Jenny Kanji, a veteran of the " ___Sites in ___ Minutes" presentation genre, and I, a newcomer to the format, had the pleasure of presenting 45 Sites in 45 Minutes at the recent California Joint Institute. The emphasis is on California regulation and politics, but you'll find a bit of an eclectic mix ranging from a podcast search engine to a dancing Bush.
I would never depend upon a live Internet connection for this kind of presentation. You could easily end up spending half of a precious minute loading the page! That's assuming that nothing goes wrong with the connection or the web site, in which case you're left with.....nothing. So some experimentation was in order. In the end, I spent a good part of my precious preparation time trying to figure out the best way to save and retrieve web pages.
Jenny uses CatchtheWeb, so I figured whatever is good enough for Jenny is good enough for me, and it worked great for Jenny. However, it's no longer available for download or support.
Of course, I considered saving screenshots in PowerPoint, but I wanted to be able to display and scroll down the entire page, not just the part that would fit on a PowerPoint slide. I played around with Adobe Acrobat, and thought that it might work in full-screen mode, but it didn't seem an elegant solution. I thought working within the browser, as CatchTheWeb does, would better simulate a real browsing experience.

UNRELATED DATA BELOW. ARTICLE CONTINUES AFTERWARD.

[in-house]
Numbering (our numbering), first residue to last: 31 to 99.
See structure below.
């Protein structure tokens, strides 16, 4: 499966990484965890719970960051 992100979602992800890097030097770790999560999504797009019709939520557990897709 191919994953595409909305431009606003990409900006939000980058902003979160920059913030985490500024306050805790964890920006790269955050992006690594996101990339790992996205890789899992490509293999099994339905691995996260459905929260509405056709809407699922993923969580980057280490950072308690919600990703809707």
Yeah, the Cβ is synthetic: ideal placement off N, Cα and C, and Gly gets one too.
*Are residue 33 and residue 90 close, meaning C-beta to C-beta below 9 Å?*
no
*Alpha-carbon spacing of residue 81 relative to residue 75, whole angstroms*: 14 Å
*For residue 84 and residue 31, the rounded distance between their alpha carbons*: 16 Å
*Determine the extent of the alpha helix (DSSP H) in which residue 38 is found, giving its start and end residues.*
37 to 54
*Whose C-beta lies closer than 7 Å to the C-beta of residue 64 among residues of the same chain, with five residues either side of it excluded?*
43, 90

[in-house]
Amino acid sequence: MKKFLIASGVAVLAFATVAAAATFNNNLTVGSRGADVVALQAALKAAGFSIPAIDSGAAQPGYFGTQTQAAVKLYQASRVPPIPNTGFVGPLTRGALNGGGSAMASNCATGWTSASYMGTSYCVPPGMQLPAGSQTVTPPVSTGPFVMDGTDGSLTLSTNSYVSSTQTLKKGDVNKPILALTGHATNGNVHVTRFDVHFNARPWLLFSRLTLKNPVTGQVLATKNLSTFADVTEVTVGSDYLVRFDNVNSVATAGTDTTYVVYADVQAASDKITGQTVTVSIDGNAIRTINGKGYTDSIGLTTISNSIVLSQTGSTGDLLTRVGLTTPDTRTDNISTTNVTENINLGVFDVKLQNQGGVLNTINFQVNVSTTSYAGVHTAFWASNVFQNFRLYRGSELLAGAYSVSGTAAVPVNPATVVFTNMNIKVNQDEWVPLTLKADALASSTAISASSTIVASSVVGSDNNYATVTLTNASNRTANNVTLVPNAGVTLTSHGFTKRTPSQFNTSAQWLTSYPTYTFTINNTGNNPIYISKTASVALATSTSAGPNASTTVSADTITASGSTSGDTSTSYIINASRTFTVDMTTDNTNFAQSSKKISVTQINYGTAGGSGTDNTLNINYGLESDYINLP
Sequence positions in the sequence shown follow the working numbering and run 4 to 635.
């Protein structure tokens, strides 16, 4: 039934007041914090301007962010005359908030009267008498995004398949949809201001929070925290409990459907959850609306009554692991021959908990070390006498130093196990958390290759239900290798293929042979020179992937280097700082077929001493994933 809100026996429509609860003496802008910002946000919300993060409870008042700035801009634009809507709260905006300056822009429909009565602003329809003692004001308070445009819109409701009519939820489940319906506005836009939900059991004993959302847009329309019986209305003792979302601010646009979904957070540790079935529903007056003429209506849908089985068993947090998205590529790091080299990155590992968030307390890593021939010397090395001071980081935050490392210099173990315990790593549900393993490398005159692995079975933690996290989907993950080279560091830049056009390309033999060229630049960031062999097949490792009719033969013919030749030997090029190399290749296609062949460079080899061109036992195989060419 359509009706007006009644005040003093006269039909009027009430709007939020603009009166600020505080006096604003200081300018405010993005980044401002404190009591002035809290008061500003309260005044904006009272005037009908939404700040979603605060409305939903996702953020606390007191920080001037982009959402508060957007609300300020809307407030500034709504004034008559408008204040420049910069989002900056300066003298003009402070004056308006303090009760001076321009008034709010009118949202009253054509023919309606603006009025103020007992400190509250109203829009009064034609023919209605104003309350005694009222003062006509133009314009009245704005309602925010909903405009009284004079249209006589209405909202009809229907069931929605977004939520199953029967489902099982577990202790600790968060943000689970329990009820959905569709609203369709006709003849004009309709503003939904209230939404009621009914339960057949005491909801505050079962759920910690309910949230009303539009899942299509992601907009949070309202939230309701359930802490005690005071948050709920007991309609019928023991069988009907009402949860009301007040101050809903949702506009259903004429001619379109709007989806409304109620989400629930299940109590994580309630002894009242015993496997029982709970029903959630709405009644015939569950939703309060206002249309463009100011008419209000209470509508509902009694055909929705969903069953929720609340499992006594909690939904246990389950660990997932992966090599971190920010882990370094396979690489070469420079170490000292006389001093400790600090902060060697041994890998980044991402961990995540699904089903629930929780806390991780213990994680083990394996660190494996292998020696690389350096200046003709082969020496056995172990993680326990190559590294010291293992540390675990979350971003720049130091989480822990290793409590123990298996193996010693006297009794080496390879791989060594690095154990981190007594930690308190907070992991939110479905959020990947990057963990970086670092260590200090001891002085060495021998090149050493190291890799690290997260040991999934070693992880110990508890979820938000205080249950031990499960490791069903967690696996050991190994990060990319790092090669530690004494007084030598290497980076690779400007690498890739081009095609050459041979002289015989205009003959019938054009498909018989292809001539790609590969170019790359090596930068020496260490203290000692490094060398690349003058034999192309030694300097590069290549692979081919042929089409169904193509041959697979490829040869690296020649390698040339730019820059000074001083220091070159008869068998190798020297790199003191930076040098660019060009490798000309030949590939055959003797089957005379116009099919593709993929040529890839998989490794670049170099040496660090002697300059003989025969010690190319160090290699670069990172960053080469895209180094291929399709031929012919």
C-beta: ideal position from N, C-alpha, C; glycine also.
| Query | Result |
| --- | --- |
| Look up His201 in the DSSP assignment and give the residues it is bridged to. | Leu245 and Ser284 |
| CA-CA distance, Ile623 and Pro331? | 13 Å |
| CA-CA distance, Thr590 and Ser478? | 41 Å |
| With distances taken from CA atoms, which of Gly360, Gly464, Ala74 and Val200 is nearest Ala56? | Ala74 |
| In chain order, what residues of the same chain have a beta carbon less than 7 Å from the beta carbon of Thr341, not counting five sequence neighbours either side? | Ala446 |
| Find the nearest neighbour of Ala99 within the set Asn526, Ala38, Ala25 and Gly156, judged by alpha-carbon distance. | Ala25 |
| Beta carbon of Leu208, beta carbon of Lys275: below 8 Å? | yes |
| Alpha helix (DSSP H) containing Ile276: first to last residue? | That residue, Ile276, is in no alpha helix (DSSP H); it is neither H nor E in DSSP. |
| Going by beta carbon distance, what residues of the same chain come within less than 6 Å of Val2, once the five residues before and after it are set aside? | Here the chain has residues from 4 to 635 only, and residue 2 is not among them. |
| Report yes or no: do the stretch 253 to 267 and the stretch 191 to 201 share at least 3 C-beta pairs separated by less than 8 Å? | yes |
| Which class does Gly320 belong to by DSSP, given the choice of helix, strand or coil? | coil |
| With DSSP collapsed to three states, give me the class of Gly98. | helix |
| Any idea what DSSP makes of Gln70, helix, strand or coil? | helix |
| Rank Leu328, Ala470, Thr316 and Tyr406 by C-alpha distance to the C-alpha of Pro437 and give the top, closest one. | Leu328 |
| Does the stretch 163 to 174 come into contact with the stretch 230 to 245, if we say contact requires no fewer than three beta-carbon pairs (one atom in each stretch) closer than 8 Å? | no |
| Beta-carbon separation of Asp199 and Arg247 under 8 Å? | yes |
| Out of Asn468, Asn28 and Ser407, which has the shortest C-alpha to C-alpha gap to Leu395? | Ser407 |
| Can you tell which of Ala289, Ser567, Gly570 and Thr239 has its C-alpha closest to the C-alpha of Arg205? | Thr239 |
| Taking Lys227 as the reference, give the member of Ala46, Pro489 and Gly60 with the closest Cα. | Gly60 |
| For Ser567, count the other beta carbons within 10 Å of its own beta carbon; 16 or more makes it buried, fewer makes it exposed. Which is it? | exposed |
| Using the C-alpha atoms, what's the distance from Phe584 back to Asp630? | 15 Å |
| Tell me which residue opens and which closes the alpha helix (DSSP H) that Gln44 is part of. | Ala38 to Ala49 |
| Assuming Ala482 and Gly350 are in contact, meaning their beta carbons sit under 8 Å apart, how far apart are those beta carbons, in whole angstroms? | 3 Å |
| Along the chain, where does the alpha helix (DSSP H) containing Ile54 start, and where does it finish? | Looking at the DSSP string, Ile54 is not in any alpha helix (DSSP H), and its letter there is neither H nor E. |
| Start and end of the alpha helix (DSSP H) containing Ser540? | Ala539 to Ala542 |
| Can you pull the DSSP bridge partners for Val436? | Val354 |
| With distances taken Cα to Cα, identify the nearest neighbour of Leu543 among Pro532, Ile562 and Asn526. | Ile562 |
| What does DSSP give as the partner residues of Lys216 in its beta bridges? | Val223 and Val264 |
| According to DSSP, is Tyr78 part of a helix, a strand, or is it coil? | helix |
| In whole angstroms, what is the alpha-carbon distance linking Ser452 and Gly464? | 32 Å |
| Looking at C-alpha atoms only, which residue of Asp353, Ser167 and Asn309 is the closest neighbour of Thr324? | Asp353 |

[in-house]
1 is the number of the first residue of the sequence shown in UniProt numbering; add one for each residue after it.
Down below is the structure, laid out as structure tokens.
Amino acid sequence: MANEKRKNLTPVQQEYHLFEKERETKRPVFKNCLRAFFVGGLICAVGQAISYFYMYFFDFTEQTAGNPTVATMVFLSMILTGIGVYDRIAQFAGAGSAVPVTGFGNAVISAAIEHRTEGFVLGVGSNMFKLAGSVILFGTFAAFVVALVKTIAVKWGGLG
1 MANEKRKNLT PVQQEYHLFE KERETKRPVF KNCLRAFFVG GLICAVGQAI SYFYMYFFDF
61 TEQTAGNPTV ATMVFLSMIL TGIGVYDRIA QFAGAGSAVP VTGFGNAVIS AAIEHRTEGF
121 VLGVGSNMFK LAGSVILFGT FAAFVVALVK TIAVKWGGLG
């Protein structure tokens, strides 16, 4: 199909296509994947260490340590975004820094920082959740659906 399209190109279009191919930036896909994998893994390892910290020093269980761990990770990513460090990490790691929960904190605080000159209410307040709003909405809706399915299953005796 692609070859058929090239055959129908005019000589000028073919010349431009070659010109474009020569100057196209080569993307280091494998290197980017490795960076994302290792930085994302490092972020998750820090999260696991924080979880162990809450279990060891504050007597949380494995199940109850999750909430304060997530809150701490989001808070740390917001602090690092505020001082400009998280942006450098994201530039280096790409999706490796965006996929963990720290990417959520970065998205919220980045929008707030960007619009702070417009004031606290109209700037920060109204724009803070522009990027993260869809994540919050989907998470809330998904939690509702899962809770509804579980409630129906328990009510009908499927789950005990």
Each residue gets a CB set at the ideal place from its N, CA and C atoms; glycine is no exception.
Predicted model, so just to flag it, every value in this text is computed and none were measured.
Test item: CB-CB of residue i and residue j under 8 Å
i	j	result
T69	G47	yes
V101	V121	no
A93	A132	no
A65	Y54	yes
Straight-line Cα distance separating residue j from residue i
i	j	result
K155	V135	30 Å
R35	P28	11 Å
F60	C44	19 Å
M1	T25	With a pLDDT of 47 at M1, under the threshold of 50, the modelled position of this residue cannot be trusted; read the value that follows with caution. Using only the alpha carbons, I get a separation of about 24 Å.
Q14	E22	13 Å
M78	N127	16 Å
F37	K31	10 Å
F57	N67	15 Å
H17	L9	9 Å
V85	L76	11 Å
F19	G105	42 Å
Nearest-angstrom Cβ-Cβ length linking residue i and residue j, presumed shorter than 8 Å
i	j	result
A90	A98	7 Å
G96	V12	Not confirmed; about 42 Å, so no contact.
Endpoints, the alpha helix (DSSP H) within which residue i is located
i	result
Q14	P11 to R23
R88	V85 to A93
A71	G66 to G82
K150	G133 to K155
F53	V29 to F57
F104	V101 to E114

So I did some more research, checking on various tools that I've seen recommended for this purpose and decided to try Net Snippets, a popular favorite. It was easy to use, and seemed to work in a very similar manner to CatchtheWeb. An additional advantage is the ability to upload your snippets to the Esnips web site.
This method wasn't without it's drawbacks. There were a couple of pages that simply couldn't be captured exactly as they appear on the web, either in Net Snippets or Adobe Acrobat, including the NPR Podcast Page, and the EPA's Window to My Environment, so the live connection did come in handy. But otherwise, it proved to be an ideal solution.
Many of the tools in this category are not strictly intended as presentation tools, but rather as ways to compile, save and present your research. After using Net Snippets, I'm still not convinced that it's a better way to go than Adobe Acrobat for collecting research results, but I'm going to continue to experiment with it. I'm a bit handicapped because I'm using the free version, and from what I hear, the professional version's ability to create a report with all your snippets, complete with a table of contents, is worth the price of admission. For more information see:
I'd be very interested in hearing what tools you use for web presentations and/or the compilation and reporting of research!